Country mouse on birds and the snow

The snow dampens sound. Everywhere is unnaturally quiet: all the animals are silent, concentrating with grim determination just to stay alive.

The only cars that can move are 4x4s, which, after being pilloried in the press for several years, are now the only means of keeping some communities in contact with the rest of the world. Nobody is criticising them this week. The little wren that shared the pile of firewood with me lies dead on a log-as many as 50% of all British wrens may perish in this cold spell.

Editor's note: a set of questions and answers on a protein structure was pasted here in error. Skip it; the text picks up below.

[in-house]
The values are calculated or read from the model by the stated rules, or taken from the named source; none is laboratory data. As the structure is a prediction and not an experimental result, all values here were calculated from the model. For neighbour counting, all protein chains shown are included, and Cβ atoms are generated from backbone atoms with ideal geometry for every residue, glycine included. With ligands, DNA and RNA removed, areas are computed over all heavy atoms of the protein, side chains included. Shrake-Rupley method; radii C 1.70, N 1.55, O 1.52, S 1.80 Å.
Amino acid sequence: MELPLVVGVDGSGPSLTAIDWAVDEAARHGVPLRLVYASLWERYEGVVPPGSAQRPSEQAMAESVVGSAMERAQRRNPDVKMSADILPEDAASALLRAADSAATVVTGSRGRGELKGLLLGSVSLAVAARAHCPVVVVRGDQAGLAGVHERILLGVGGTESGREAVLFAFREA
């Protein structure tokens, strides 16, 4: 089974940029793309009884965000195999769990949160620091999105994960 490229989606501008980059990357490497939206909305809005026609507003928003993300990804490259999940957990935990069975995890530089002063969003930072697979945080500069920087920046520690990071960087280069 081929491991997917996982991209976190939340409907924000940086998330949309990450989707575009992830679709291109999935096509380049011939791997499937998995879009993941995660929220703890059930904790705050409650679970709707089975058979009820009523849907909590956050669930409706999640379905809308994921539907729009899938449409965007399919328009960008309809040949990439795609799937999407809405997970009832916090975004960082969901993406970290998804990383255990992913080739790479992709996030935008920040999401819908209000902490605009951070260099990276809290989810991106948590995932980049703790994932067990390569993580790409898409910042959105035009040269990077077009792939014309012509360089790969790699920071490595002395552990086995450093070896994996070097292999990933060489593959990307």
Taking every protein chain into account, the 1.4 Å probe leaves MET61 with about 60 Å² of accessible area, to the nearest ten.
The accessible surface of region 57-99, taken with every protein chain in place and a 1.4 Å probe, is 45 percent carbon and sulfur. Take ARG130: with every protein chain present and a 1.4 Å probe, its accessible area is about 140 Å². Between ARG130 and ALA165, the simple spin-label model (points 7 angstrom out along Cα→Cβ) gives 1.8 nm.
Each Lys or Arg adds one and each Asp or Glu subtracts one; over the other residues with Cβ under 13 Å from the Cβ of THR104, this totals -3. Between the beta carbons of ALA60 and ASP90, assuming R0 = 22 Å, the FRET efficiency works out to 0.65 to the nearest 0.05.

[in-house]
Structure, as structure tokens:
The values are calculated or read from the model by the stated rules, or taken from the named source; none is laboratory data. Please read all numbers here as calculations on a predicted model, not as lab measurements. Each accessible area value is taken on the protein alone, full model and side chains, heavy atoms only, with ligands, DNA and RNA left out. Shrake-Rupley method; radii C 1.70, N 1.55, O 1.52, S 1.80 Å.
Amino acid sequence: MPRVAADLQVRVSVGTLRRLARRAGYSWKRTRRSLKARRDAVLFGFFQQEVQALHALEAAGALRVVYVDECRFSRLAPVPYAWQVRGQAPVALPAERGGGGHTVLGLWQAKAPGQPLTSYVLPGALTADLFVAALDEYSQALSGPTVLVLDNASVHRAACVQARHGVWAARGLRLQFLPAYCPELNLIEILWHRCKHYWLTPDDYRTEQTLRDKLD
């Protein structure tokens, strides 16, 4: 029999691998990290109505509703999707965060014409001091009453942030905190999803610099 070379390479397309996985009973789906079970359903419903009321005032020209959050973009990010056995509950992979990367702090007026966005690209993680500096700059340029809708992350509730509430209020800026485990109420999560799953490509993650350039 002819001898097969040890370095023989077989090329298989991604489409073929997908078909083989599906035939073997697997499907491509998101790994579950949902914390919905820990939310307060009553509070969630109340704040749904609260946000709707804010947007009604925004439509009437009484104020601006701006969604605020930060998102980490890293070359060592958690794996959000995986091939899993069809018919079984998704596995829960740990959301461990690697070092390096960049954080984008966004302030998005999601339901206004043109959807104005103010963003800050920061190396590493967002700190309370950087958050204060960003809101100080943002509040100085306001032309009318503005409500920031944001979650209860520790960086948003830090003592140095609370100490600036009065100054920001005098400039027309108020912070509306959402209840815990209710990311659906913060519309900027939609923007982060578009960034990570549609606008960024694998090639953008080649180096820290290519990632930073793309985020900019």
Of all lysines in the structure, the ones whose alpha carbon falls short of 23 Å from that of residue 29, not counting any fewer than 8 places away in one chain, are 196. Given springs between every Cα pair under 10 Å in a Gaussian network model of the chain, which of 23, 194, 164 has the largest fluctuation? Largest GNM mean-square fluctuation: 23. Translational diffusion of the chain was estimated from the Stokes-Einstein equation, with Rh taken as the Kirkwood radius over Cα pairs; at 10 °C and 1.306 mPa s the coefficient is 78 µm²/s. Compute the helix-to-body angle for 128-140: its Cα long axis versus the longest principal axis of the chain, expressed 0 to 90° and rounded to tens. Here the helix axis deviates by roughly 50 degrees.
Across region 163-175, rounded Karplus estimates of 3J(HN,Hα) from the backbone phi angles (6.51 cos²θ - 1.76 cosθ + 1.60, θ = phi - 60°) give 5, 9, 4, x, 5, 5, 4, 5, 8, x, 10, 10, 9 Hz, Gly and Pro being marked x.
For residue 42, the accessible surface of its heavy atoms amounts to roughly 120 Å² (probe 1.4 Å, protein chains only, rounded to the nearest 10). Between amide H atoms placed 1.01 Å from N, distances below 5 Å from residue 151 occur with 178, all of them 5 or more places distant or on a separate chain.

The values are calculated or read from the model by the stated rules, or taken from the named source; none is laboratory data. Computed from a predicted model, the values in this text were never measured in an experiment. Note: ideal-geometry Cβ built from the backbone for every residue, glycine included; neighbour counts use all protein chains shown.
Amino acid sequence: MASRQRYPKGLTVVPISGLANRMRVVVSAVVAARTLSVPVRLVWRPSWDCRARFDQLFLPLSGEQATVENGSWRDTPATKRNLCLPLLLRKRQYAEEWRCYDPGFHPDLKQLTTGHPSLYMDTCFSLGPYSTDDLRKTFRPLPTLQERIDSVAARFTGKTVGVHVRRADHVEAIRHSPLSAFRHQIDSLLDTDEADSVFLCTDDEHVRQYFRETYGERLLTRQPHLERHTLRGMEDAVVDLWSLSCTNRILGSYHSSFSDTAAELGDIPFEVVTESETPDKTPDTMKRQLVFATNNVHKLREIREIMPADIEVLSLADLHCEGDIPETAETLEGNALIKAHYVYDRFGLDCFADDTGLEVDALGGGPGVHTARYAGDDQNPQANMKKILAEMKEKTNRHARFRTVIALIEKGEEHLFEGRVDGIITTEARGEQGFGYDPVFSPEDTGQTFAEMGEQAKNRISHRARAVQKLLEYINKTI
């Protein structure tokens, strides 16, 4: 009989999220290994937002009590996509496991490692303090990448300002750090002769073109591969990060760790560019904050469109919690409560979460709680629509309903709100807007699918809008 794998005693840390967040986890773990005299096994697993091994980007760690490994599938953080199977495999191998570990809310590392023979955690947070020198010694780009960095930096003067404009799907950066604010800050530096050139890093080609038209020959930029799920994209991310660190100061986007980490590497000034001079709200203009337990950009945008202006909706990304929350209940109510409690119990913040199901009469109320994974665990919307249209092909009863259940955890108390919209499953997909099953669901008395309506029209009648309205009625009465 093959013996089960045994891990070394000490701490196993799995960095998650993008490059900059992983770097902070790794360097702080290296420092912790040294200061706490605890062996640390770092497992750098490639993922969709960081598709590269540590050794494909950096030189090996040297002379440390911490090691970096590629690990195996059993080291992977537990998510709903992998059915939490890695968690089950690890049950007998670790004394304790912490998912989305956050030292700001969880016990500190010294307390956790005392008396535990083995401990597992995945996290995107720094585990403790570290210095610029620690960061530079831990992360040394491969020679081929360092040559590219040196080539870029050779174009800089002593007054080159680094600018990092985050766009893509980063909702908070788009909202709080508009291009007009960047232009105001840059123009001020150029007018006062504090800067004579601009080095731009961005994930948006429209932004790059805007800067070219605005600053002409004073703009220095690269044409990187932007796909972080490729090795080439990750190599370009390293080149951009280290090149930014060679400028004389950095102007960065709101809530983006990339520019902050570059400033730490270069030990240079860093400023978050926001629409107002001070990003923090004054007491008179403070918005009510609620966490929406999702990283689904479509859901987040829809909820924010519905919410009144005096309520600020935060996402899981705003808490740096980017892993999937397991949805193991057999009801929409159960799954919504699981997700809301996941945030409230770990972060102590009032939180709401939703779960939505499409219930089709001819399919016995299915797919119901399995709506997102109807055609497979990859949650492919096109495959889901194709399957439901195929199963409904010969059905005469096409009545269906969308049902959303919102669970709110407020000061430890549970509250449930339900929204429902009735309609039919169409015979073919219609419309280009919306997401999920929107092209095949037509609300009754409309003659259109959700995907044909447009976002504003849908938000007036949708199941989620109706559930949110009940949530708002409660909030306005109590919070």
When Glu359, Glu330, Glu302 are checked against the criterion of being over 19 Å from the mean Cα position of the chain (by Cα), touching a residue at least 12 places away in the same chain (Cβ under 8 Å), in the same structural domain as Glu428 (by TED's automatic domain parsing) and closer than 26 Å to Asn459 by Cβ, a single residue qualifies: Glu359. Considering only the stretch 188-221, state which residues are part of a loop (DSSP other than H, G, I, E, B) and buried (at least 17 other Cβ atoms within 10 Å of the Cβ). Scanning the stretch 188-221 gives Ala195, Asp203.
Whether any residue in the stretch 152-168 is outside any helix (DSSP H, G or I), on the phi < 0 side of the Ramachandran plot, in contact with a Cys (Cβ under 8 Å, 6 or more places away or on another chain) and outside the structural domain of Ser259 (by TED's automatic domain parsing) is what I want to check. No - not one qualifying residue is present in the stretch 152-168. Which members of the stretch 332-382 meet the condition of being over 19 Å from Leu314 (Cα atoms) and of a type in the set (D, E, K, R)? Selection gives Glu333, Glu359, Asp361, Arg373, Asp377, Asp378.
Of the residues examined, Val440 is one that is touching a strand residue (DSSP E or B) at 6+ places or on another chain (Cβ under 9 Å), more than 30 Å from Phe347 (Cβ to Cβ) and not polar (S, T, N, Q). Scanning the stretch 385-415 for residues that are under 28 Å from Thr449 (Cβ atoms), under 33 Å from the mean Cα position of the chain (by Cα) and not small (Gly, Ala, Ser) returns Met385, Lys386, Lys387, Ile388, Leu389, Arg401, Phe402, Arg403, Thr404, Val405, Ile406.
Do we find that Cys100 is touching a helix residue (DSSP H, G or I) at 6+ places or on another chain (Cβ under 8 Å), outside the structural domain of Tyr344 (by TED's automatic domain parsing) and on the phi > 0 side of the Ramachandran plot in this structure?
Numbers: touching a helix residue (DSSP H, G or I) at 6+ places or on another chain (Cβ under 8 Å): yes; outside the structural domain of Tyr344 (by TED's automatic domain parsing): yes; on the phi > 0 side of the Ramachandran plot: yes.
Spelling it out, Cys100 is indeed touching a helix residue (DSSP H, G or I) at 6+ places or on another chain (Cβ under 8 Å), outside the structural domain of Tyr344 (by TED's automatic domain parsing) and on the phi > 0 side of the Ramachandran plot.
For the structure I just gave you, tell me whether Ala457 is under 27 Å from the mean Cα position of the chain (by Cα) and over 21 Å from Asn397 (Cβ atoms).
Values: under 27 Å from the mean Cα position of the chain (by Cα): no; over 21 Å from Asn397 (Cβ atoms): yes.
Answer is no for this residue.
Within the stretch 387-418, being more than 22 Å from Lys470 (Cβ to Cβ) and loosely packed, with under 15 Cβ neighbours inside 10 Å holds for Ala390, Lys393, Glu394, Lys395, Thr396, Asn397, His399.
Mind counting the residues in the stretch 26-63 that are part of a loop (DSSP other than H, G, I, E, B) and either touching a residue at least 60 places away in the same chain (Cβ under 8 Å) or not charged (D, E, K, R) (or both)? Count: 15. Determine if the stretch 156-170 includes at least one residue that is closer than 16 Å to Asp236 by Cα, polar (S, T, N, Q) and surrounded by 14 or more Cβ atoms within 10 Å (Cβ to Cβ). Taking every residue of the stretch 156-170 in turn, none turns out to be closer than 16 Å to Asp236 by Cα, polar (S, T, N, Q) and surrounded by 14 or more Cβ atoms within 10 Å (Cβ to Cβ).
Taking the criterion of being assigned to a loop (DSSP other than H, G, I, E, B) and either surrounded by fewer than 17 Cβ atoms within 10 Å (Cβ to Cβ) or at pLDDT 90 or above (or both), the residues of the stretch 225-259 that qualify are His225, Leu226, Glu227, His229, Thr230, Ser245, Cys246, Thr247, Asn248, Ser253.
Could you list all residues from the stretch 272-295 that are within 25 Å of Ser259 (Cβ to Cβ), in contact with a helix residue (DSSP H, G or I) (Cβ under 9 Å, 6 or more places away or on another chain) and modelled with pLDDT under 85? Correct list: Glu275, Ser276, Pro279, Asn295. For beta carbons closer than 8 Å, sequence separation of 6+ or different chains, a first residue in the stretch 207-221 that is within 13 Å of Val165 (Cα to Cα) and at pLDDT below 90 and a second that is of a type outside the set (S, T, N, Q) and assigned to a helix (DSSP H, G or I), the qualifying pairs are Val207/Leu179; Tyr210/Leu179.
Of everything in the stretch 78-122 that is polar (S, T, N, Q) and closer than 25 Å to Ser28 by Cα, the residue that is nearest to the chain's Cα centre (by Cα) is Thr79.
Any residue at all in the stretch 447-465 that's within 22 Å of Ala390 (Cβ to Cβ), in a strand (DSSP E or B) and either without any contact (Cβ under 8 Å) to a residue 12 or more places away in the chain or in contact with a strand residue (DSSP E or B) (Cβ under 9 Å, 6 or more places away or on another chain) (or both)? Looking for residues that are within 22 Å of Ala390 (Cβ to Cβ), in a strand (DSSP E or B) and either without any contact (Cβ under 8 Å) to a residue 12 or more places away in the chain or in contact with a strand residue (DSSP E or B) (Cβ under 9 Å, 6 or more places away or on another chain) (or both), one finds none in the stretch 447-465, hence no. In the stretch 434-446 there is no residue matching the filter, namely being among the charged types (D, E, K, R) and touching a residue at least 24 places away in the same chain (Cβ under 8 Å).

The availabilty of food and, increasingly, water is now paramount to survival, as birds become desperate for sustenance. All of us can help, by putting out food, breaking water, hanging up the remains of the Christmas ham bone, but, for many birds, it will not be enough.

We have been able to collect the milk and make cheese each day, but, for many dairy farmers, they have had the nightmare of getting up at 4.30am to milk the cows in freezing weather and then having to dump the entire collection as the milk tankers have been unable to get to the farm. It is a tough, white world in the British countryside, and it looks likely to stay that way for some time.

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